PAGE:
Early in the 1990s, I graduated from high school with my best friends. Well, one of them, Donna Martin, almost didn't graduate because she got drunk at prom, but thanks to all of us pulling together and protesting outside the school board building, they came down easier on her. In fact, I didn't go to West Beverly, the high school on Beverly Hills, 90210, the first incarnation of the teen soap that ran from 1990-2000. I couldn't; like Andrea Zuckerman, I was a Jewish girl zoned outside Beverly Hills. Far outside, actually—I was stuck in an all-girls yeshiva in Queens with no prom to speak of, and not too many real-life friends.
I approach Janet, 55, an ardent feminist and author who watches Gossip Girl. Why do you watch? “The characters, the storylines, the CLOTHES.” She signs her email, xoxo.
That's why, in high school, the show meant something to me. Trapped in a religious vortex devoid of flirtation or the good hygiene that comes with the prospect of seeing boys every day, I yearned for any sign of a real teenage experience. I was convinced that I'd have been beautiful, popular, and skinny if only I weren't stuck… here. TV was where I went to imagine that. I was hooked, addicted to what I understood to be real life, a life that awaited me outside my yeshiva walls. A life I had to be prepared for the minute I busted out.
So it makes perfect sense why I was watching Beverly Hills, 90210 in 1990. What doesn't make sense is why I am sitting here in 2010, at age 34, tapping my fingers, waiting for the long hours until 90210 finally returns from hiatus tonight to resume its second season.
To be fair, part of this is by the show's design. In the CW's rebooted version, now called just 90210, the first season was populated by characters from the original—sprinkled throughout the new teen cast—specifically for people like me who had watched the show's first run. And it was gratifying at first: Dylan's the father of Kelly's baby! Brenda and Kelly still hate each other! Donna's still a terrible actress!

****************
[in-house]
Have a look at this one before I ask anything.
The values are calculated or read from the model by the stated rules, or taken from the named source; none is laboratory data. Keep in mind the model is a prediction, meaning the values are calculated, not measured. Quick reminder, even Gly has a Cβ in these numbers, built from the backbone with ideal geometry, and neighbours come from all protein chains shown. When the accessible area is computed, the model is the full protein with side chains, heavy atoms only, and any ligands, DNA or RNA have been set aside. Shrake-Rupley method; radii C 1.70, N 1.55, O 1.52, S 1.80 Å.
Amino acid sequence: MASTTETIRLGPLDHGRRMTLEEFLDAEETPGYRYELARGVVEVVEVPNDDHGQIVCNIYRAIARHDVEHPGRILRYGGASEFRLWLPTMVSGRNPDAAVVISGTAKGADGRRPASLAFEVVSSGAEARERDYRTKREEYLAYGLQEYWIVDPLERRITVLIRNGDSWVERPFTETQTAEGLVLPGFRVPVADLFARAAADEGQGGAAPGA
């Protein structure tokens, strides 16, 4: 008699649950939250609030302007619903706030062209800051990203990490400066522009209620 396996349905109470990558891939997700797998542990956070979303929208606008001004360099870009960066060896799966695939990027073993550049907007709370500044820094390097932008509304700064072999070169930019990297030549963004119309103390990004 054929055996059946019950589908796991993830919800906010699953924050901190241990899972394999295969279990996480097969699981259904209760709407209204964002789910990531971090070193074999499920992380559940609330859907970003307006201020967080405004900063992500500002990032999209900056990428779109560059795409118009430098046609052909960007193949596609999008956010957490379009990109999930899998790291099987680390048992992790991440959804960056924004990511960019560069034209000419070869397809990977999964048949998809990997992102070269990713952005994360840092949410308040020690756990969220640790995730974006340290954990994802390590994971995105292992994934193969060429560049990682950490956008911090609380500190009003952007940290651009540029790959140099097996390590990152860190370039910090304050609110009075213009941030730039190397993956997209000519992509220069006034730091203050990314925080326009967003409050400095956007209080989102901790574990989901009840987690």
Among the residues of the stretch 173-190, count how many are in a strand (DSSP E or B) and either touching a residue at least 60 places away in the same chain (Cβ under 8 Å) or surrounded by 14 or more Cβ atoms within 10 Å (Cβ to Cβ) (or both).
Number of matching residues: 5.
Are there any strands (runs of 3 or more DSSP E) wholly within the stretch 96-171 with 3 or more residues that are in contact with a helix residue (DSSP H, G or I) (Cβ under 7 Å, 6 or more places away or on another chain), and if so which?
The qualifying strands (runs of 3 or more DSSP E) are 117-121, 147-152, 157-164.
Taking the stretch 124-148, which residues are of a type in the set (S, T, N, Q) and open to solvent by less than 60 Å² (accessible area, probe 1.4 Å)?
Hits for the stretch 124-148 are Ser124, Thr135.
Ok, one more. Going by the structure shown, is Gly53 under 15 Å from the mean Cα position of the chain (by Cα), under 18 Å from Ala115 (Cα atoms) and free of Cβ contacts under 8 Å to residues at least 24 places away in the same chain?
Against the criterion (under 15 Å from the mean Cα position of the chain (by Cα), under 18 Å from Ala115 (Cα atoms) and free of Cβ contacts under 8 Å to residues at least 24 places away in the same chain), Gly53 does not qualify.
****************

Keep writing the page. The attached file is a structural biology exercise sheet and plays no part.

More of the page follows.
But 90210 wasn't the first teen soap to tempt me in recent years. No, that would be Gossip Girl, which tends to heavily promote another CW show, One Tree Hill. The commercials for One Tree Hill were alluring: More often than not, a squinty-eyed jock would try to make sense of what seemed to be a terrible relationship with a dumb-looking half-brother, also a jock. They rotated through the same three girls. Each time they ended up with one of these three revolving girls, they'd say something like, "Don't you know it's always been you?" I couldn't look away. My CW addiction became full-blown.
Was I the only one trying to squeeze myself into a demographic that didn't really want me? A look at the ratings tells me that maybe I'm wrong; maybe they don't just want me, they need me. The median age for viewers of the CW is 33.6, just a year younger than I am, and at the upper end of the 18-to-34 demographic that the network's advertisers target. Further breakdown reveals that per show, the average number of 12 to 17 year olds viewing is a mere 165,000, whereas the network regularly snags 1,053,000 18 to 49 year olds.
So it's not just me. That's a relief. But it still doesn't make sense to me why we're watching. I put out a call on Facebook to investigate. " 90210! I love it!" writes one friend. "I watch One Tree Hill!" says another. "You know I love Gossip Girl," writes still another.
These are people in their 30s (and beyond) watching shows that are by no means meant for them. I write back to these people, asking them to really think. I remind them of the amount of hours in the day, their obligations, their kids, their jobs. Still nothing. "I love the clothes!" "I can't wait to see what happens next!"
Through the grapevine I hear of Dick, a 35-year old attorney in Los Angeles. Dick and his wife, Laura, have three kids and are respected members of their community. Now, why would a guy like Dick watch 90210?
"We are constantly surrounded by people," he says. "But we live with so many barriers between us and the rest of the world—socio-economic, gender, sexual, educational—that it is hard to connect personally with others. In the world of 90210, [the characters] may constantly disappoint one another and have moments of failure and of redemption, but at the end of the day, they matter to one another. If Dixon breaks up with Silver, it matters to Teddy because Silver might now be the love of his life. If Adrianna becomes a junkie again, it impacts the whole crew."